He said many are "destabilised by falling in love, or suffer on account of their love being unrequited" and this could lead to a suicide attempt. Few studies deal with the "specific problem of lovesickness", he said.
Which sounds like a bit of a cop-out to me; I don't doubt that unrequited love has caused many mental breakdowns and suicides, though I wonder how much of that comes from the biology of the condition and how much comes from the social expectation that, when someone you fancy doesn't fancy you, you're entitled to whine, pout, go all emo and become temporarily unresponsible for your behaviour. For example, during the Victorian era, many women would faint in certain social situations. This was not due to the biology of the female gender being susceptible to sudden consciousness loss, but due to programmed-in social expectation. Could it be that losing one's shit over that one special person in the world who doesn't reciprocate one's passion is a similar case of cultural conditioning?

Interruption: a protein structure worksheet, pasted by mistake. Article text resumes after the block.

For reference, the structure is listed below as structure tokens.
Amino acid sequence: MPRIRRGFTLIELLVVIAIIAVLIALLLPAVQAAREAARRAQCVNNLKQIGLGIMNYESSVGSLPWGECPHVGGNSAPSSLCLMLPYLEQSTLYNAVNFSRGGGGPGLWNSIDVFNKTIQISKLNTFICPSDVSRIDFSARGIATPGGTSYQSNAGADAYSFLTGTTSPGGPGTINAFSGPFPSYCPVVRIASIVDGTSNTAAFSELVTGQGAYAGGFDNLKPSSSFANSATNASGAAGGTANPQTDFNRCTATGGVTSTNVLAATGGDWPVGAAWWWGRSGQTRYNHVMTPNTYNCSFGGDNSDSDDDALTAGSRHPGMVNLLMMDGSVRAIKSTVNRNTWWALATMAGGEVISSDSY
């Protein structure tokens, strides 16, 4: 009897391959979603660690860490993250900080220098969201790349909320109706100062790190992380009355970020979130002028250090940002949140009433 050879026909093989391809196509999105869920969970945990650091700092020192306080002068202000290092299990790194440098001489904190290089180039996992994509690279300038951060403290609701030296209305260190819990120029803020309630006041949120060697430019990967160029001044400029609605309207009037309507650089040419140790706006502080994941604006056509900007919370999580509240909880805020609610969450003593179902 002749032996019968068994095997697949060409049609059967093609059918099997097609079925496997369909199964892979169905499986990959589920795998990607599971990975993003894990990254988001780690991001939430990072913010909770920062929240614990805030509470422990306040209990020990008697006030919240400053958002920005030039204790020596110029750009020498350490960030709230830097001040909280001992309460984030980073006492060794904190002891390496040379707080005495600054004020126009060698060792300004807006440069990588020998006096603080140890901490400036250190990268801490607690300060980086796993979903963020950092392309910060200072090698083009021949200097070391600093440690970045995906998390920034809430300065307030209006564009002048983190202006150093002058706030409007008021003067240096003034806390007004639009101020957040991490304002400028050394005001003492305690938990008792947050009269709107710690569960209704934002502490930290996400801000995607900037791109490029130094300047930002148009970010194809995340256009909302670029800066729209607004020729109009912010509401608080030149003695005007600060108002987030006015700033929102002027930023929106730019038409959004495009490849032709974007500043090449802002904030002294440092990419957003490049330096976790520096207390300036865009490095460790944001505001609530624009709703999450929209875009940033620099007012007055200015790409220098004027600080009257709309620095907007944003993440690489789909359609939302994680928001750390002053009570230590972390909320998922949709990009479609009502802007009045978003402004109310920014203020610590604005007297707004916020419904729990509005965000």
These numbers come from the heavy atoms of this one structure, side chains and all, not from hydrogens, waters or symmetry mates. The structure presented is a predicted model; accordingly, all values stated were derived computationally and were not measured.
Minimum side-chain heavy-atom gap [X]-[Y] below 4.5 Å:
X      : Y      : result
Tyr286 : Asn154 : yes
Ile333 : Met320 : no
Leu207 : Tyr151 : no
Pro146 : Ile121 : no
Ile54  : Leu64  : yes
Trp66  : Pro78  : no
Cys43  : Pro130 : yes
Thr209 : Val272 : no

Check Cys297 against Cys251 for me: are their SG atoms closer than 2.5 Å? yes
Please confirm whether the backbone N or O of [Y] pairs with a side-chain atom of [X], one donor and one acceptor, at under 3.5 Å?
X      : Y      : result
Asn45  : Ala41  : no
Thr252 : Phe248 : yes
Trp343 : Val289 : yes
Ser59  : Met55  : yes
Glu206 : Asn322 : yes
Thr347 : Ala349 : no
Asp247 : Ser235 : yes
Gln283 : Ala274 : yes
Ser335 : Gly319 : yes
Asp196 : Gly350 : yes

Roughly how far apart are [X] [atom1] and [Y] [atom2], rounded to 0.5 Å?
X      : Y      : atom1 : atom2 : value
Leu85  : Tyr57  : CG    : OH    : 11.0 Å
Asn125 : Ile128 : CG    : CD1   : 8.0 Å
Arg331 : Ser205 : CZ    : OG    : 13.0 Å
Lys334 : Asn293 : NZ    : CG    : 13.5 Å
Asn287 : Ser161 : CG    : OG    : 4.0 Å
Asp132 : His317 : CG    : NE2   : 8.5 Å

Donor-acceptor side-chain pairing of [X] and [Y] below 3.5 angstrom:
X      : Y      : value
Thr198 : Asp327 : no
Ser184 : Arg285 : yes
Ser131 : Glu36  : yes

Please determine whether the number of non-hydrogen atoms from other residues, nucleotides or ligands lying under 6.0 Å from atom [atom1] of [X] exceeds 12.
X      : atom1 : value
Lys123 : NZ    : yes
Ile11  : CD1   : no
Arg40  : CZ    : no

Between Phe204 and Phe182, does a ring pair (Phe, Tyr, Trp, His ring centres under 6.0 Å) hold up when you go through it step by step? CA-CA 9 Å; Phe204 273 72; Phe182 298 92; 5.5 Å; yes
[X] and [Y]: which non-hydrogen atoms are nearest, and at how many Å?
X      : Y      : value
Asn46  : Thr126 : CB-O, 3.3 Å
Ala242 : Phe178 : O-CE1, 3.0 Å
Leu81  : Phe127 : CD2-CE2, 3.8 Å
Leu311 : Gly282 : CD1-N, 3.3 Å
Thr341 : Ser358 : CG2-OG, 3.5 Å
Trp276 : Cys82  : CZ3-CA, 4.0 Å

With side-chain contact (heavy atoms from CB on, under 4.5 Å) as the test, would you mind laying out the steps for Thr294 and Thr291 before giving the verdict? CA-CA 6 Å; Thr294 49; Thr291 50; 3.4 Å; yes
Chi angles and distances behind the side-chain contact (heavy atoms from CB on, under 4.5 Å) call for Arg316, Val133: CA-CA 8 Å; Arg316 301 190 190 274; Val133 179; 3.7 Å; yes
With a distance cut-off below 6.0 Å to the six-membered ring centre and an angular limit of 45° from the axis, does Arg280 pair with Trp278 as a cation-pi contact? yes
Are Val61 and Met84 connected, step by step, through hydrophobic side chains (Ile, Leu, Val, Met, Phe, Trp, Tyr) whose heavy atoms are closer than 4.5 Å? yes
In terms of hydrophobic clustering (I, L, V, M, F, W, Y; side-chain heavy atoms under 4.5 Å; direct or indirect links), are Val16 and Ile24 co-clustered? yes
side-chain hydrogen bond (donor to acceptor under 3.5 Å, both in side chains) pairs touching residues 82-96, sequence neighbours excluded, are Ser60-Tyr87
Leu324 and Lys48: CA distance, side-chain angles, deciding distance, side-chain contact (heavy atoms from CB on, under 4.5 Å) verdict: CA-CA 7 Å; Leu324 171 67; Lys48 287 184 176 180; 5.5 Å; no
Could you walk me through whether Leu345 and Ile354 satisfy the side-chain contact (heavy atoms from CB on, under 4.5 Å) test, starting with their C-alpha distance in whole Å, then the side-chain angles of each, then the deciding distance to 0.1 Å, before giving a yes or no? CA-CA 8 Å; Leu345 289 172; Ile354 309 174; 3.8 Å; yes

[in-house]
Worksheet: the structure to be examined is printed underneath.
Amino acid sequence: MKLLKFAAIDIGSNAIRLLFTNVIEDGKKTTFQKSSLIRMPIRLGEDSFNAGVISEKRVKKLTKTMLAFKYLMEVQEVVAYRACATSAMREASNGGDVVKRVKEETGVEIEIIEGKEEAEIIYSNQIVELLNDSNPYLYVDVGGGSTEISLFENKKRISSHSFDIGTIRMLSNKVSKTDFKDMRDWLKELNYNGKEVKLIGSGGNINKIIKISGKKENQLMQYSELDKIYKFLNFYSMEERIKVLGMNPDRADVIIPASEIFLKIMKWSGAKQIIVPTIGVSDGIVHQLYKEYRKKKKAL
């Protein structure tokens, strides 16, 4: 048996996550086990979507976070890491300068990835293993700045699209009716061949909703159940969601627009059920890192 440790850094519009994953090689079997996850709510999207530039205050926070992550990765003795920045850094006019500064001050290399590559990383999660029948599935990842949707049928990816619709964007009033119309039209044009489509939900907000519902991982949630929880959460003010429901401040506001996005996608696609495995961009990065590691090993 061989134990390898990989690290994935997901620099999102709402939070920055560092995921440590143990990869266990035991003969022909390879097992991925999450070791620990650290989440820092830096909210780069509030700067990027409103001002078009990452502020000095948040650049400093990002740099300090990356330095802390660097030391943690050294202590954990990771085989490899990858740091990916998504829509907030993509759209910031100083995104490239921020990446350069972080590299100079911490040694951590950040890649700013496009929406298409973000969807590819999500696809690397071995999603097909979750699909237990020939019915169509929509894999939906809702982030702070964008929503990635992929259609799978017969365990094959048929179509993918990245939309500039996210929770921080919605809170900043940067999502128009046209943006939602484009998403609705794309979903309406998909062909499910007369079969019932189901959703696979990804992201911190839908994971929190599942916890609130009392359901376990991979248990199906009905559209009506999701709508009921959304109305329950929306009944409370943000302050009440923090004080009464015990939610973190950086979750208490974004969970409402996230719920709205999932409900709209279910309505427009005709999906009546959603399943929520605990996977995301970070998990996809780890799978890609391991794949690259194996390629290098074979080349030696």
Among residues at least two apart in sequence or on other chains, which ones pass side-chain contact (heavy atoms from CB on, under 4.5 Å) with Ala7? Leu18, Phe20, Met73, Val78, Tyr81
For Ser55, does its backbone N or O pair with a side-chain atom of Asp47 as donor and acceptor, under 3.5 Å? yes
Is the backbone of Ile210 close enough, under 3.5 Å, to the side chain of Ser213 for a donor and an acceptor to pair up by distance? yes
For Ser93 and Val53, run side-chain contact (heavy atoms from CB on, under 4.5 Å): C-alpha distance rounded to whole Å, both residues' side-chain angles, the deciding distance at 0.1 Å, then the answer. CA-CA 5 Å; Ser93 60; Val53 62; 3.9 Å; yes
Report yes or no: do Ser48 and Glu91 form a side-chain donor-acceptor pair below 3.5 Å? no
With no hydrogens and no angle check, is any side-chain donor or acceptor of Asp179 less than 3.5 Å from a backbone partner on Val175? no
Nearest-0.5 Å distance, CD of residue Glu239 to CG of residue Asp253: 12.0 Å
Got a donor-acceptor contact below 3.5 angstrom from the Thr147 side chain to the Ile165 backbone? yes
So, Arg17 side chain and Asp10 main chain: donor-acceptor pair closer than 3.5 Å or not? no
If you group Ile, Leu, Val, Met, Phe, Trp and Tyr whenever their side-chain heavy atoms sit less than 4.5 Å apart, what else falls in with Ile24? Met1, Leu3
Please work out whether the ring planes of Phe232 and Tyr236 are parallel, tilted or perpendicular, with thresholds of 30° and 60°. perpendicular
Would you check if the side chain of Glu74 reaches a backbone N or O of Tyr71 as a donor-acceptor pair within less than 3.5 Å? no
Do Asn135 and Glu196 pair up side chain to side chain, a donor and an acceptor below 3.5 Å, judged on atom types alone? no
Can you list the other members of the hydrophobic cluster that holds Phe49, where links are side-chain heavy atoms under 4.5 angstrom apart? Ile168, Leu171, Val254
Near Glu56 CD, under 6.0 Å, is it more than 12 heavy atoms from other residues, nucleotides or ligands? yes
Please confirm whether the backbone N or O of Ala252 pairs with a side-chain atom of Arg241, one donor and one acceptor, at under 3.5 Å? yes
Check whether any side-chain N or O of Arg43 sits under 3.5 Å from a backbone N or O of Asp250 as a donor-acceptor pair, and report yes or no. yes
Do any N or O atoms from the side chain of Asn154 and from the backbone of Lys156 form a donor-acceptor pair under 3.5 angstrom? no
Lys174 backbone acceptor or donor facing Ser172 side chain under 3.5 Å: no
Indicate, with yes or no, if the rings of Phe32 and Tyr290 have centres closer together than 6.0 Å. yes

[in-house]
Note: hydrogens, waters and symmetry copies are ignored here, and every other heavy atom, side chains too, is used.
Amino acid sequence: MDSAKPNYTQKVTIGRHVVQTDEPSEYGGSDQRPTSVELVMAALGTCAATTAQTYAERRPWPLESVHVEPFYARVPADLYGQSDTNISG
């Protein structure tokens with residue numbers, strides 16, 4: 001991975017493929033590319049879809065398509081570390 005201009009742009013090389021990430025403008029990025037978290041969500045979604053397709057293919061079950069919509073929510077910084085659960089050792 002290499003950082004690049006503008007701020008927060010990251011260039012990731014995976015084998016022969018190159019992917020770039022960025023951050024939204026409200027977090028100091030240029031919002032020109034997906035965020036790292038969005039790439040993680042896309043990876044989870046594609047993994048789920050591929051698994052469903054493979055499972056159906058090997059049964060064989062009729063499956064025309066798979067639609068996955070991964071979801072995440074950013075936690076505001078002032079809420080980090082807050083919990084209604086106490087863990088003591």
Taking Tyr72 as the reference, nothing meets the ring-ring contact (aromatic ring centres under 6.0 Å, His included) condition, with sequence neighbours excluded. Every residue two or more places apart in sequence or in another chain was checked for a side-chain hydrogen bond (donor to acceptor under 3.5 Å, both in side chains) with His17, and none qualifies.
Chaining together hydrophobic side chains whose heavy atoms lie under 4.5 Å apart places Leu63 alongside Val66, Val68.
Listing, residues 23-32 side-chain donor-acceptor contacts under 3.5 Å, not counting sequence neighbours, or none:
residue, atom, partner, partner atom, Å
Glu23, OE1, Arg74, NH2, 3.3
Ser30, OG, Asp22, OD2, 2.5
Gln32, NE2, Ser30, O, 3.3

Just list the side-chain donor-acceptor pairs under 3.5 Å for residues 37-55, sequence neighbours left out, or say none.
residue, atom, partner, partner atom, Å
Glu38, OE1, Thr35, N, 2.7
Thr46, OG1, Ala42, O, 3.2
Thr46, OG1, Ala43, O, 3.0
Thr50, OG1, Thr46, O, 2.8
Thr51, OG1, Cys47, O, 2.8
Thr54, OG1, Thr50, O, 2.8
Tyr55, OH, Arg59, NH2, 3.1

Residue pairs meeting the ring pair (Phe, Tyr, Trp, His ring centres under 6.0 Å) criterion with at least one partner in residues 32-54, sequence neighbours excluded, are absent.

(Which is not to say that romantic love or sexual attraction is culturally constructed; I don't for a moment entertain the blank-slate theory of human nature. However, it's more than conceivable the expectations of how such urges are expressed, and how much they can affect one's behaviour, are strongly influenced by cultural expectations, and that, as biological and physical causes of behaviours are revealed, they gain more influence as the self-sustaining illusion of the sovereign free will becomes weakened.)
Then again, now that unrequited love is recognised as a bona fide medical condition, perhaps some pharmaceutical company will seize the opportunity and bring out an anti-unrequited-love drug, a sort of Prozac for the heart which quickly and conveniently cures this debilitating ailment, further streamlining the human condition.